Let's talk about jobs and taxes
Only a handful of jobs for locals, and tax cuts from the Provincial and Federal governments has eliminated any benefit for Canadians. The promised billion dollar prosperity fund has disappeared.
During construction, only 4.3% of jobs will be for locals living in the Squamish/Whistler corridor (See Table 6.2-8 of the Labour Market section of Woodfibre LNG’s environmental assessment application). The rest of the jobs are actually going to folks in Metro Vancouver, other areas of BC or Canada, and overseas. Deals have already been signed with foreign workers and foreign companies. Most of the construction is happening overseas.
Table 6.2-8 is difficult to understand, for while it looks like 4.3% of jobs for locals equals 77 full-time jobs, that number is the sum of jobs per year, over two years. So there are really only 38.5 jobs for Squamish locals each year during the two-year construction phase out of the 895 estimated jobs (page 6.2-24).
According to a report by CRED, the province’s biggest employers are:
- Construction (205,000 jobs)
- Manufacturing (164,000 jobs)
- Tourism (127,000 jobs)
- Real estate and property development (121,000 jobs)
- High tech sector (84,000 jobs)
- Film sector (36,000 jobs)
In comparison, the mining, oil and gas sectors employ just 1% of BC’s workforce (25,000 jobs), BUT these sectors threaten jobs in several other sectors, particularly in tourism.
LNG plants need a lot of electricity, and they're not paying their fair share. Everyday British Columbians will be subsidizing the cost of Site C dam which is only being built for these industrial users, and our BC Hydro bills are set to increase 30-40% over the next three years.
A 2012 report shows that if our government invested $1.3 billion in renewable energy, public transit, or energy efficiency, it would create 18,000 jobs. This is nearly eight times more jobs than the same amount of money can generate in the oil and gas industry.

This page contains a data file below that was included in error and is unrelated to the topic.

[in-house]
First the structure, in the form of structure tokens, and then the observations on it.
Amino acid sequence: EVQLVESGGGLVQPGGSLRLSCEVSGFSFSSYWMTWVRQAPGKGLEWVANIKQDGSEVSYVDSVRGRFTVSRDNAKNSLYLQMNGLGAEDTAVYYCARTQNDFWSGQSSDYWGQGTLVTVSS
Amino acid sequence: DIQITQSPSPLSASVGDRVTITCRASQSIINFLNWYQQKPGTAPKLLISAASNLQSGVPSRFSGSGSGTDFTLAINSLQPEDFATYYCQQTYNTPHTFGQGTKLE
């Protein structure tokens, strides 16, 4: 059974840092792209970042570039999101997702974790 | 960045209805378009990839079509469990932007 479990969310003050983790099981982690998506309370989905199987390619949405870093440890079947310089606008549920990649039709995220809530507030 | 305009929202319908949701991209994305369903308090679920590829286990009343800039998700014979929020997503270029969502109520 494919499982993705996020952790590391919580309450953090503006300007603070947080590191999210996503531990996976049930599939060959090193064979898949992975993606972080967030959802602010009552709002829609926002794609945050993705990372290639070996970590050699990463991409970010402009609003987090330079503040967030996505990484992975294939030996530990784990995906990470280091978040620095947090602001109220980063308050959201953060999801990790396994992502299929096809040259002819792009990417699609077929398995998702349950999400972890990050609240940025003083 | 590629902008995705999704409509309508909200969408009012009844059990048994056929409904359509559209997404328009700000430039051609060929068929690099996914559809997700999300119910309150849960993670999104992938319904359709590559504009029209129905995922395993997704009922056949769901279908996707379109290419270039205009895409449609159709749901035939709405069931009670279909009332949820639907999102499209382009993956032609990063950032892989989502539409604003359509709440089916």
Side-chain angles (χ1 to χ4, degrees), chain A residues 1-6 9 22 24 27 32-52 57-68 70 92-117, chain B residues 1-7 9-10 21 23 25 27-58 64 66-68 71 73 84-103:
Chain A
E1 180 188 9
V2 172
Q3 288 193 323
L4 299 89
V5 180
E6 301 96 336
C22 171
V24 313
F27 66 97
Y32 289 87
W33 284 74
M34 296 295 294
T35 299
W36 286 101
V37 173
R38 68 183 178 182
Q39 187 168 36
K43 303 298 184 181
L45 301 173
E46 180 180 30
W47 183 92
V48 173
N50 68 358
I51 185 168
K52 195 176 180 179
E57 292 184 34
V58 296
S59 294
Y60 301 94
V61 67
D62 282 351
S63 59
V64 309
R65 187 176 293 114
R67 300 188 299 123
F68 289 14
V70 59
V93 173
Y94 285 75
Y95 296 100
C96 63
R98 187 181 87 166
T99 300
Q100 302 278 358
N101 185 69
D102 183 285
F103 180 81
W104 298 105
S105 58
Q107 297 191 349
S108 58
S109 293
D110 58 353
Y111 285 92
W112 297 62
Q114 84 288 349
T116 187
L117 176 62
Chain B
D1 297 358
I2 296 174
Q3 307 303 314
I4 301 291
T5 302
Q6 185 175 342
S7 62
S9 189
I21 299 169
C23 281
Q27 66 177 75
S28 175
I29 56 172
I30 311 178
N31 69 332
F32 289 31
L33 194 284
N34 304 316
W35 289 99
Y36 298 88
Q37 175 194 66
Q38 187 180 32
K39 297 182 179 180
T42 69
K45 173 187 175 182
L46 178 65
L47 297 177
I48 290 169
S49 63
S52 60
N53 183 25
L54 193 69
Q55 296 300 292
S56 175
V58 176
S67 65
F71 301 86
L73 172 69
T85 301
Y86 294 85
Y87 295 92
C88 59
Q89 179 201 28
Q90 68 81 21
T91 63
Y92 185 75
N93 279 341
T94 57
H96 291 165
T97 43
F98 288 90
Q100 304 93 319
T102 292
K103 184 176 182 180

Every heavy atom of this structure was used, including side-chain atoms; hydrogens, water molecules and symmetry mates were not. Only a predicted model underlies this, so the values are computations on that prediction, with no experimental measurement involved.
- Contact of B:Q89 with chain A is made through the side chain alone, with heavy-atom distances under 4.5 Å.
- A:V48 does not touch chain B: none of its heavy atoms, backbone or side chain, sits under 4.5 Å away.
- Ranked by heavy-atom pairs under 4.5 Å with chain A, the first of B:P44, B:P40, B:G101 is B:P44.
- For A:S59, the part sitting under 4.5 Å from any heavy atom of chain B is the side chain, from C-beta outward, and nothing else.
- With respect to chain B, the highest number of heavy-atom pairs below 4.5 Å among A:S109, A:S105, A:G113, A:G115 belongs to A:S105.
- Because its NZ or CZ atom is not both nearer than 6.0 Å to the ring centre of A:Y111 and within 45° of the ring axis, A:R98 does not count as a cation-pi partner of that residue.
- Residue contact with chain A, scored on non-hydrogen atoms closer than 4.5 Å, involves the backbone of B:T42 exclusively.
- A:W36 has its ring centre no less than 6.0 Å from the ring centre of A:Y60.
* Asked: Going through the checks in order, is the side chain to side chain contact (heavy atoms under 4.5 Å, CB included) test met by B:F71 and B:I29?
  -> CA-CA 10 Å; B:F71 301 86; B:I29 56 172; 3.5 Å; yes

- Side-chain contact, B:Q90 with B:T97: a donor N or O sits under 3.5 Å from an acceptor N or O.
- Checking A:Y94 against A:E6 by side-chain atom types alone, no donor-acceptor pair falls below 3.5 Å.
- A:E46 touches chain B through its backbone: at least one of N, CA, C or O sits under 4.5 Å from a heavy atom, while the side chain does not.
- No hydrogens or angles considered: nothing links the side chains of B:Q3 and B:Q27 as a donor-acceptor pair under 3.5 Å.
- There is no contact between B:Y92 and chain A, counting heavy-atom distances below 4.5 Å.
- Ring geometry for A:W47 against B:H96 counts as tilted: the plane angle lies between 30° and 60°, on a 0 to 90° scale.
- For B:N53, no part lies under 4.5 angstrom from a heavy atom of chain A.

A new study published in the scientific journal, Climatic Change, estimates the true social costs of air pollution that aren’t accounted for in the cost of fossil fuels and other pollutants. Social costs include the health impacts of air pollution as well as impacts from climate change. The study found that sulfur dioxide costs $42,000 per tonne, and nitrous oxides cost $67,000 per tonne.
Woodfibre LNG is estimating air pollution emissions of 295.7 tonnes of nitrous oxides (NOx) and 43.8 tonnes of sulfur dioxide (SO2) every year (See Table 5.2-14 of the Air Quality Section of Woodfibre LNG’s environmental assessment application). Combined, that is a social cost of over $20 million every year.
“This research shows that we need to transition away from fossil fuels not just to mitigate the risks associated with climate change, but to reduce the economic and health impacts of air pollution in general.”
For more information, check out this easy-to-understand article in The Guardian about the study.